“The nature of innovation is to be creative in breaking something.”  By Xiao Huang

“Brand is upheld by user’s heart.”  By Huang Fei

“If you do not care about the users, the users do not care about you.”  By Yang Honghui

–How storytelling can keep your heritage relevant and motivational.   The Haier heritage center is about as good as it gets.  As a new employee or visitor, you walk through the history of the company as a story, experiencing the remarkable history in a visceral and human way.  At the end of the experience, there is a room for sitting and reflection, so employees can think about the implications of their heritage on them as leaders.

Categories: Business

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Obama’s Win: What It Teaches Business

Matt Carcieri was a colleague of mine at P&G.  Matt and I are partnering on several projects, helping companies realize their potential through a focus on higher ideals.  We felt President Obama’s reelection has a profound lesson for business people worldwide.

Given the economic doldrums of the past four years, President Obama was unlikely to win reelection this week.  The fact that he did says a lot about the strength of his “brand ideal” and the effectiveness of his campaign.  So what can we learn from his success?

Certainly, there were a number of factors that contributed to Obama’s triumph – the improving jobs picture, the recovery of the housing market, etc. – but his success points to a critical issue at the heart of any people-related endeavor.  Whatever the product or service, the most important question on the customer’s mind is: “Who cares?”  “Who cares the most about my welfare and is helping to improve it?”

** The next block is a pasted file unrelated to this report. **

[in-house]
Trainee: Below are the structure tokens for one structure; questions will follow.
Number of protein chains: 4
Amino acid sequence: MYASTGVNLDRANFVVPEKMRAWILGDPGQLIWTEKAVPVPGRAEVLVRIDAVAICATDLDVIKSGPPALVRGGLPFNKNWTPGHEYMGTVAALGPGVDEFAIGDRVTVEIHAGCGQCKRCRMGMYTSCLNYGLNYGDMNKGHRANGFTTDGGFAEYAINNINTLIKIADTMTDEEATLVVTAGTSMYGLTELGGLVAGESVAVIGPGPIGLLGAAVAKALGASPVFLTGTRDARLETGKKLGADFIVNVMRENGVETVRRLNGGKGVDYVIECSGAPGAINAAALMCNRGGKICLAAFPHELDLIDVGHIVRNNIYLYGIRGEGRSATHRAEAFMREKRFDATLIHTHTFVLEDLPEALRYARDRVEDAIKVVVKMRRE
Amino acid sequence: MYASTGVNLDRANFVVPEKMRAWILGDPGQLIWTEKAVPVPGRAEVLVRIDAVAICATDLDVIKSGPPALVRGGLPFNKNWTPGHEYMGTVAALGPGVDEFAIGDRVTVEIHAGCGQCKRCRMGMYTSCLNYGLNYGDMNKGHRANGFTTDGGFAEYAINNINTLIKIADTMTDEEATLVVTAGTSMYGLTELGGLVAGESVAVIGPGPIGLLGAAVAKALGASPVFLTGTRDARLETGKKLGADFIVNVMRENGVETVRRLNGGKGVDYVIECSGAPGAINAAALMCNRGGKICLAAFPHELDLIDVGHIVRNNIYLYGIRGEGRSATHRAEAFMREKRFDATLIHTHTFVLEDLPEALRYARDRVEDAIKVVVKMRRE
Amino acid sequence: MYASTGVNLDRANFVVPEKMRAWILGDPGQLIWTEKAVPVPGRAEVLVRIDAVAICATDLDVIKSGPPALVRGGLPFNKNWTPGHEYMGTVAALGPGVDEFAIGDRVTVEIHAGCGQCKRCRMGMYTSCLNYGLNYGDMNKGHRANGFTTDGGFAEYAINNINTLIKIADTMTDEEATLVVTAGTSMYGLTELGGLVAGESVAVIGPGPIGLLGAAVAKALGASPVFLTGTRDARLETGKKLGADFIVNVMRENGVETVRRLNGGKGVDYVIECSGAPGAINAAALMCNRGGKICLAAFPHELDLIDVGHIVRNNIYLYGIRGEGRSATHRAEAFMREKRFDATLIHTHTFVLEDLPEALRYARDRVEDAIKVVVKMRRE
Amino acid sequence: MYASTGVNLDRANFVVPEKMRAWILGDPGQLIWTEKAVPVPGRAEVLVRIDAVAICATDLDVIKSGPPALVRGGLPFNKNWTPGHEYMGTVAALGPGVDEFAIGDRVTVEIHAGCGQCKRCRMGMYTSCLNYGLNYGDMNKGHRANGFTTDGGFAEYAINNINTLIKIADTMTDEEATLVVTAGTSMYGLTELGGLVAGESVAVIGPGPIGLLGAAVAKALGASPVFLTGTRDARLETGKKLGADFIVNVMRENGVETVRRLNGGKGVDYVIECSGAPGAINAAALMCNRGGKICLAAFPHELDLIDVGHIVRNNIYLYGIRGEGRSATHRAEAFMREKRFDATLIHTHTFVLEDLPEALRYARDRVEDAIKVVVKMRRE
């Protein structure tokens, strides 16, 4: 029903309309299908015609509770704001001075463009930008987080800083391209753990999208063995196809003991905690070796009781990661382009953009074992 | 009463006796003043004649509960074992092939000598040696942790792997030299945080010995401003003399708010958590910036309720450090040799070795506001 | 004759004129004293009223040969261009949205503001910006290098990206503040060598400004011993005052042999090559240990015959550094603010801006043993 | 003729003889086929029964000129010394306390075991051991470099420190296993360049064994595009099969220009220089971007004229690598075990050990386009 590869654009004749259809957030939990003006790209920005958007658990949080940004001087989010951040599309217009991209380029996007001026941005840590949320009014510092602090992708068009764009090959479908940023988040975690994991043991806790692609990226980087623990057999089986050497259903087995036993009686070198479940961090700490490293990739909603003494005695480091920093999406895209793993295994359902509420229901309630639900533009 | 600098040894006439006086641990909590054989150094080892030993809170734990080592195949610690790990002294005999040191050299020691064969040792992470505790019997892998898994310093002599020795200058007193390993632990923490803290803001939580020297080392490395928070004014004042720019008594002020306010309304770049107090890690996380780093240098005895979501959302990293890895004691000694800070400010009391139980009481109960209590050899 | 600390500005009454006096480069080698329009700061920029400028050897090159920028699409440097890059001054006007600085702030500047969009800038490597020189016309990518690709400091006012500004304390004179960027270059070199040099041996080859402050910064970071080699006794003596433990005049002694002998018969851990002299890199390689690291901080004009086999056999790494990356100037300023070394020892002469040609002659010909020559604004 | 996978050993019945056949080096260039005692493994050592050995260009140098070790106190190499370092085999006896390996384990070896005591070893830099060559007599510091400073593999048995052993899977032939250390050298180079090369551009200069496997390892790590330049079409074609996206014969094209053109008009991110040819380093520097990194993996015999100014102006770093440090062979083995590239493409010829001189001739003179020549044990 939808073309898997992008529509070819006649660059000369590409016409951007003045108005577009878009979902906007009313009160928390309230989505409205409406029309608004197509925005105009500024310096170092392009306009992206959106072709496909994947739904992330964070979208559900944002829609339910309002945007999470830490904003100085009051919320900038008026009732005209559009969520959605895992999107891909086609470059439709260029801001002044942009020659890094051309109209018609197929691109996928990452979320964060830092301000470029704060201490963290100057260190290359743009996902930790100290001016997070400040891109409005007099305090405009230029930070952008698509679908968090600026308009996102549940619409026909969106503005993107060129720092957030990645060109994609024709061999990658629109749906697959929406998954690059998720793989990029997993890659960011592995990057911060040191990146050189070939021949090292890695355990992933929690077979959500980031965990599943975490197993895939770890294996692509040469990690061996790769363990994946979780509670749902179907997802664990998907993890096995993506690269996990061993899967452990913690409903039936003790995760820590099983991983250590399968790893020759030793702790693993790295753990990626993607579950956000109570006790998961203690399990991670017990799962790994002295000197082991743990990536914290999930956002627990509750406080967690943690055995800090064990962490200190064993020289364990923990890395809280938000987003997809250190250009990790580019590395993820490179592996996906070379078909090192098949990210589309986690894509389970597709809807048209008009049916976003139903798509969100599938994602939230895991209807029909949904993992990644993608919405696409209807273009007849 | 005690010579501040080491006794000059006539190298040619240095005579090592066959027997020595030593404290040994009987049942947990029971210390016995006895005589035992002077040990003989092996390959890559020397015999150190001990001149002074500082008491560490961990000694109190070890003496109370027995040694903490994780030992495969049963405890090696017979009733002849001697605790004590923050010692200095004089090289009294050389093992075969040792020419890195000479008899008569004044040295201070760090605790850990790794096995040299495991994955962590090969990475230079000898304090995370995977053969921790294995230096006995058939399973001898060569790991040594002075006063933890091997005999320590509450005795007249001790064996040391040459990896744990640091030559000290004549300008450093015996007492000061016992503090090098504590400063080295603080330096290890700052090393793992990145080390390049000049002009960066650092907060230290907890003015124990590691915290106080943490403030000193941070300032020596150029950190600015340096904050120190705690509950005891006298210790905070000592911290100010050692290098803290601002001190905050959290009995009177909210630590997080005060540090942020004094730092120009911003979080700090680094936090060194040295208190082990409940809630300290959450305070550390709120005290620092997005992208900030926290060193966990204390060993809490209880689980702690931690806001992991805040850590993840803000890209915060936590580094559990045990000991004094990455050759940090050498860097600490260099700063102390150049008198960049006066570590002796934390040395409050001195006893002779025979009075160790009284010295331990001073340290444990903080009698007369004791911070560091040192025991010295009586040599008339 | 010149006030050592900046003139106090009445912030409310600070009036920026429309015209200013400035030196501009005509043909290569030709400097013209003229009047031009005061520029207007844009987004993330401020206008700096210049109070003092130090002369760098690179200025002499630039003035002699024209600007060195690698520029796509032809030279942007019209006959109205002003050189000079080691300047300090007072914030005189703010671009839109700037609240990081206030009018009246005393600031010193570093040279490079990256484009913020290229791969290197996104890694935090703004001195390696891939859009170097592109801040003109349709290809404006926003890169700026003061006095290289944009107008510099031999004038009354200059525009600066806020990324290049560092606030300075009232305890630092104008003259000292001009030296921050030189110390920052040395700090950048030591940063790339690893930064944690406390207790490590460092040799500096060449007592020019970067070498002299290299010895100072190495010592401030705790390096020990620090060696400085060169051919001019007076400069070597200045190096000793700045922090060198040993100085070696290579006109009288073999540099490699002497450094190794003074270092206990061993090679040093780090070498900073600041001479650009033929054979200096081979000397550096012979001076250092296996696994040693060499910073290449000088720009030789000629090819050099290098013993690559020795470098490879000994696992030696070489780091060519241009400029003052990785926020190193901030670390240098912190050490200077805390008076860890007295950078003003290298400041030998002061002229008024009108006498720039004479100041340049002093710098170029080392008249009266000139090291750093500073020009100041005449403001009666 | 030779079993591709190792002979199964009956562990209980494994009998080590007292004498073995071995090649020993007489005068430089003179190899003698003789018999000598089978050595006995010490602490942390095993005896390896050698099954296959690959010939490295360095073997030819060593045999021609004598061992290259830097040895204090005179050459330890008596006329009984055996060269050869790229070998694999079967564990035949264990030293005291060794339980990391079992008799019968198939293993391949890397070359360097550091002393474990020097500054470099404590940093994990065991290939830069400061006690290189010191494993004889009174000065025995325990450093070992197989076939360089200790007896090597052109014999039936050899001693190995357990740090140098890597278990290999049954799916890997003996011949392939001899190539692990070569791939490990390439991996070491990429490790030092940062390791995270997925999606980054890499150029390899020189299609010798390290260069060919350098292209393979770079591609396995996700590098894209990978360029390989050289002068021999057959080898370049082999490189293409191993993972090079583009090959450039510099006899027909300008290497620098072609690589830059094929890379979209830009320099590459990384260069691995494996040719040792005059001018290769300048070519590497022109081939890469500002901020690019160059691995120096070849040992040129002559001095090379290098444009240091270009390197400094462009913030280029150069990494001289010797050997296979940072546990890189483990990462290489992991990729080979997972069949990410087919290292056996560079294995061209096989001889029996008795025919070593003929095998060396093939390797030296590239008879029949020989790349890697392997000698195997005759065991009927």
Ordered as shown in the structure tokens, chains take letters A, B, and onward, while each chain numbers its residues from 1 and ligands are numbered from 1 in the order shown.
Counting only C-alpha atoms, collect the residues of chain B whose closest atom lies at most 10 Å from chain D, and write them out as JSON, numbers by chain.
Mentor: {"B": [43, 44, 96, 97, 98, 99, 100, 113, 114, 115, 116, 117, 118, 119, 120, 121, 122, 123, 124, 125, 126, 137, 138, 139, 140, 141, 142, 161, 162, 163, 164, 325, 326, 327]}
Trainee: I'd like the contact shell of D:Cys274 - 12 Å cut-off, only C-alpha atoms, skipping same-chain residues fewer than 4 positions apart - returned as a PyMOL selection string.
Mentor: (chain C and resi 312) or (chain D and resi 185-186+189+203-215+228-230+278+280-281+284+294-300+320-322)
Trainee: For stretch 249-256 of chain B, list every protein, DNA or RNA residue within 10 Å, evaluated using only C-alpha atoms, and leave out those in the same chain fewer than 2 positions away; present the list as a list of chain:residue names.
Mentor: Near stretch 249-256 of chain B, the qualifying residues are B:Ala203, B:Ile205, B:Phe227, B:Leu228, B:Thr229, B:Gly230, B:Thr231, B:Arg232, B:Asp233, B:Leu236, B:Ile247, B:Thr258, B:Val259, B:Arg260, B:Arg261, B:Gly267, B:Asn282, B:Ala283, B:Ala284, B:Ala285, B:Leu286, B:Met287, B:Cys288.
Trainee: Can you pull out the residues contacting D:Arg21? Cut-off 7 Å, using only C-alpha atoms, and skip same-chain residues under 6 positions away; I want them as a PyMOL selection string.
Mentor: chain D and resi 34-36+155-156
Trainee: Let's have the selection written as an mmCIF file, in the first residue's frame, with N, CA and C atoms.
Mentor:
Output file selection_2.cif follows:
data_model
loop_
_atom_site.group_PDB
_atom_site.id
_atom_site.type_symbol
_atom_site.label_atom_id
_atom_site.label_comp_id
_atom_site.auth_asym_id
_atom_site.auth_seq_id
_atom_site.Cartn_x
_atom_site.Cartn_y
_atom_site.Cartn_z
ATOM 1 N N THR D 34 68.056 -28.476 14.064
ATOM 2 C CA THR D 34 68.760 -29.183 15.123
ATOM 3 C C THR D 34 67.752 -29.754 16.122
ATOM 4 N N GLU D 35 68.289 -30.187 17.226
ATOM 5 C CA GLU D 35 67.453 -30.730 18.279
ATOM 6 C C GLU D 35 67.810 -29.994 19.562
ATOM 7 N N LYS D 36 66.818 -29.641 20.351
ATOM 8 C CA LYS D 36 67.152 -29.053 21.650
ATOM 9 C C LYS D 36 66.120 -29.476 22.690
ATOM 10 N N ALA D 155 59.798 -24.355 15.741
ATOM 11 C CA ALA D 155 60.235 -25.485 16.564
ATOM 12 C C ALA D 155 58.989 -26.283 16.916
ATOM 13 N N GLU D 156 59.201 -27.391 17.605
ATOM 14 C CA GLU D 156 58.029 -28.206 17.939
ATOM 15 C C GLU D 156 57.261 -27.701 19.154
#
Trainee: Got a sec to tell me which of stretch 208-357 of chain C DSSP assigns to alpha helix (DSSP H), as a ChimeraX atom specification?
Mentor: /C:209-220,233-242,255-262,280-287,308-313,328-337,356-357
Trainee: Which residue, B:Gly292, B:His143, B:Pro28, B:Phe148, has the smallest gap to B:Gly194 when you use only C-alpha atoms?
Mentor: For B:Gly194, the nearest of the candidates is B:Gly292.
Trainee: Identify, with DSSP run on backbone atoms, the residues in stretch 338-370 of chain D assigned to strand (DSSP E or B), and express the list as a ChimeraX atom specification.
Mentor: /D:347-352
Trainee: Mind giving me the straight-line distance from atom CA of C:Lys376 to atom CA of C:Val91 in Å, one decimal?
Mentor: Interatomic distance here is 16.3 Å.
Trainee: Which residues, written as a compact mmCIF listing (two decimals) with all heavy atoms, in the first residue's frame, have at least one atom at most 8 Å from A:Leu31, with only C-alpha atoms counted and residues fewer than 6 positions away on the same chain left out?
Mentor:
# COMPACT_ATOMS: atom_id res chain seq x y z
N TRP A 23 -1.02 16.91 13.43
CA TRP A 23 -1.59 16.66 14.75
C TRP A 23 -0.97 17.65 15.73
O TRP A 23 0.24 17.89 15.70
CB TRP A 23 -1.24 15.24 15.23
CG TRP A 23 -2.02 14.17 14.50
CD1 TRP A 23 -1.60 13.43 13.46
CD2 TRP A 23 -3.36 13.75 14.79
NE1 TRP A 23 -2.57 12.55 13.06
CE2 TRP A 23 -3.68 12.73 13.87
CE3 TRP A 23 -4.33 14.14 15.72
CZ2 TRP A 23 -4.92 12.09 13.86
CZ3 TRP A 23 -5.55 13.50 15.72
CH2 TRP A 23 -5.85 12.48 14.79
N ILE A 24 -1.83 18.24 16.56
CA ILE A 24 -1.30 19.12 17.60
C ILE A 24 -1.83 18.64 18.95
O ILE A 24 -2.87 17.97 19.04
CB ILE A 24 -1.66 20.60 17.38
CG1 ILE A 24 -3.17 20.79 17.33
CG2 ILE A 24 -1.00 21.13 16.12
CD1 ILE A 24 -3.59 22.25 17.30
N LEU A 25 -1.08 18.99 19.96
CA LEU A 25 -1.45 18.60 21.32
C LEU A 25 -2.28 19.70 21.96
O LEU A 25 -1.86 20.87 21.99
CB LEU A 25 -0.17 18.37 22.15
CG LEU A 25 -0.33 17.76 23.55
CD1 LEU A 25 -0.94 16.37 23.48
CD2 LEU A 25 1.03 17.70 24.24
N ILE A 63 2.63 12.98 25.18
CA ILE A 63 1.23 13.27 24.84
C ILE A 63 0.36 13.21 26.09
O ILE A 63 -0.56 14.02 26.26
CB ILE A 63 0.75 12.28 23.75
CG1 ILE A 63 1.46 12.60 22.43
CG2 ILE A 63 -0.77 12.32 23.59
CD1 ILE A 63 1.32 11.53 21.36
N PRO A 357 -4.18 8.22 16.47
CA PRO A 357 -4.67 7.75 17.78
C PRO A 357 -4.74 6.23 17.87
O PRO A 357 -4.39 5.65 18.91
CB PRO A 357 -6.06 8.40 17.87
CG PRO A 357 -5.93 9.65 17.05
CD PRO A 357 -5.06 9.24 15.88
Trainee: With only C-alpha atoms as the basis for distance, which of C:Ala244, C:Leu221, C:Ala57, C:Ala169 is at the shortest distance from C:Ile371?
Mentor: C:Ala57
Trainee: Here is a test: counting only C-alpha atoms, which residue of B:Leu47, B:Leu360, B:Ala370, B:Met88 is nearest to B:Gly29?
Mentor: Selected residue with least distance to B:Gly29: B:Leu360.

For most of the campaign, Obama cornered the market on caring.  He did so by focusing his narrative on the “Why” – emphasizing shared values and a people-serving purpose to lift the middle class.  Bill Clinton’s rousing convention speech and Romney’s own foibles (including his ‘47%’ comment) helped to make empathy a meaningful point of difference for Obama

By contrast, the bulk of Romney’s campaign focused on the “What”: cutting taxes and downsizing government.  It promoted Romney’s “features and benefits” as an economic repairman, and his résumé was the “reason to believe.”  It wasn’t until the first debate that Romney gave voters a real taste of his “Why” – his empathetic interest in fighting for people.  Only then did a real contest emerge.

Obama’s victory underlines the importance of “Why” over “What,” and it reminds us that every winning enterprise needs an ideals-driven agenda – a people-serving purpose.  It’s by caring for people that we earn their trust, and that trust leads to commitment.

As it turns out, Dale Carnegie’s maxim on relationships is also a power strategy for businesses.  To win fans and influence customers, you have to show genuine interest in them.  That’s exactly what today’s most effective companies and brands are doing.  Coke works actively to “open happiness” for people.  At Ritz-Carlton, “We are ladies and gentlemen serving ladies and gentlemen.”  Nike helps you “find your greatness.”  And because Apple puts such loving attention into its user experience, we love Apple in return.

To get love, your business has to show love.  That’s how everyday elections are won.  Just ask President Obama.

Categories: Business, Marketing